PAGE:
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The courts of England and Wales are known for their non-interventionist approach to arbitration proceedings.

Section 1(c) of the Arbitration Act 1996 (AA 1996) gives this non-interventionist approach statutory force, and provides that the ‘court should not intervene except as provided by the [AA 1996]’. The English courts adopt a supportive approach to arbitrations including by ‘holding the ring’ until the tribunal is constituted or is able to act affectively. AA 1996, s 44 is the most common route under which interim relief in the form of interim injunctions or preservation of evidence/assets is sought from the English courts in support of arbitration. In addition, the Commercial Court granted recently an interim anti-suit injunction against a defendant in respect of foreign proceedings on a without notice basis to ‘hold the ring’.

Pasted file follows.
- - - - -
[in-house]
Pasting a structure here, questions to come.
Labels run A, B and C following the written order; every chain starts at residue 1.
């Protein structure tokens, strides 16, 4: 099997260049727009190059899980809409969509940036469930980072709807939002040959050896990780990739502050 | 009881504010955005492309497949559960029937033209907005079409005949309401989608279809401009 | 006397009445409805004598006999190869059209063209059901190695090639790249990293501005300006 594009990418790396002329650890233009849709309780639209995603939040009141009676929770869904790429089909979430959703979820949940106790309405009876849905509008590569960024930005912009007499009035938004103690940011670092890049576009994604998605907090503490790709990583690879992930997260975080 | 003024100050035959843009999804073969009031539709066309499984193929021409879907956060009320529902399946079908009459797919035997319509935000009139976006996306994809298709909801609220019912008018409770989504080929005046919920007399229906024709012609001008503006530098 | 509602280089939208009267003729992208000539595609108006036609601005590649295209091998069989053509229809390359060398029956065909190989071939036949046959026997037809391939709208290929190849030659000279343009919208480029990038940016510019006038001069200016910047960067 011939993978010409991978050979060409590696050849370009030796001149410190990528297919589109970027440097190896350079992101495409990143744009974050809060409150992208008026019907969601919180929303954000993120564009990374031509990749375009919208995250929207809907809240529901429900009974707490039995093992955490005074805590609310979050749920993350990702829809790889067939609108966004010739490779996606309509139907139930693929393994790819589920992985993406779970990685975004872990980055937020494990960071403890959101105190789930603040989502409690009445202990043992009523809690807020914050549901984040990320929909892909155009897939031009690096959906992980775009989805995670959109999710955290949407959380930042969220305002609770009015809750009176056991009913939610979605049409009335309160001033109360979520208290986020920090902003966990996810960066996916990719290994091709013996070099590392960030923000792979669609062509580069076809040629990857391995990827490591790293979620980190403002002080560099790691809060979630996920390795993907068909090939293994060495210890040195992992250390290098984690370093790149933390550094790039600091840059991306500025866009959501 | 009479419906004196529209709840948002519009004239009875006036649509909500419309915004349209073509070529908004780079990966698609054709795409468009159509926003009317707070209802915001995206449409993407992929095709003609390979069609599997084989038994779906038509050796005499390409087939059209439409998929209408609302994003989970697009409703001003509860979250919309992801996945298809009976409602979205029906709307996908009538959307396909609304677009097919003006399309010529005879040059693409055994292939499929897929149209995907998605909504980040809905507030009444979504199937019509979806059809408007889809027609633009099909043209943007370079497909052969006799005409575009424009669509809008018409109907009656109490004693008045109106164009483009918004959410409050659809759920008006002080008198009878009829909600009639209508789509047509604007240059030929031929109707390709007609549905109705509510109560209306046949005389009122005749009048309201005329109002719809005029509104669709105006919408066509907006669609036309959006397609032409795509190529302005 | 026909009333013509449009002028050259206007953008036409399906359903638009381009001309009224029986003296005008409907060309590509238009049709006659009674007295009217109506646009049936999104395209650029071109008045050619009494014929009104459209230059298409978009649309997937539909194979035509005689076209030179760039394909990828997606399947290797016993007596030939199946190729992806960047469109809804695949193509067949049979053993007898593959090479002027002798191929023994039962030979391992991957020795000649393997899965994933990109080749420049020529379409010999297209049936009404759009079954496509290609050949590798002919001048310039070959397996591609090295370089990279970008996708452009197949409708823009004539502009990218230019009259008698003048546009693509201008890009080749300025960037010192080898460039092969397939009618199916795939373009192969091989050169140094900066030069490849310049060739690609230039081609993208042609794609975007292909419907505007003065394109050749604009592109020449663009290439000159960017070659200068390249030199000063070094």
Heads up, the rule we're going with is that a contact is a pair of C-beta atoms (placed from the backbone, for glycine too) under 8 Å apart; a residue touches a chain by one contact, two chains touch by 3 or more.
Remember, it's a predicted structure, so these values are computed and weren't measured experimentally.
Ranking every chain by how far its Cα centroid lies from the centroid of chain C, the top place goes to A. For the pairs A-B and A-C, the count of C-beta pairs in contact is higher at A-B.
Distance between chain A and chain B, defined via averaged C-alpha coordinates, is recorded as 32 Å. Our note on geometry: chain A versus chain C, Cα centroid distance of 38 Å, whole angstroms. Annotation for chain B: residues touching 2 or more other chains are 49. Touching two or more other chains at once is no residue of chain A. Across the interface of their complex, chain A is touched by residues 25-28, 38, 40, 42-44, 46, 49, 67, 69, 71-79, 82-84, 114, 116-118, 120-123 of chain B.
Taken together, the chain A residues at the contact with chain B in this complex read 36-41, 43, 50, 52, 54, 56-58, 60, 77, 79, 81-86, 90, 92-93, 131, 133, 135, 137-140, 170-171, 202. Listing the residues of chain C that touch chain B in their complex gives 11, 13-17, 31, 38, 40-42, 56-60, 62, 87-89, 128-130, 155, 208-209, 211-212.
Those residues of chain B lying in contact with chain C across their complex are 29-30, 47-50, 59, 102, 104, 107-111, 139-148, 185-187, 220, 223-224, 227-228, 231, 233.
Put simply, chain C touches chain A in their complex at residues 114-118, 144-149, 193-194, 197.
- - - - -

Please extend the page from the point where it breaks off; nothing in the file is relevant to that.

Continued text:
The court did so in circumstances where the defendant party was unwell with coronavirus (COVID-19) and the on-notice merits hearing of the anti-suit application had to be adjourned. The case is another example of supportive jurisdiction of the English courts in relation to arbitrations.

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This article was first published by Lexis®PSL on 28 May 2021.

Authored by Srishti Jain, Associate.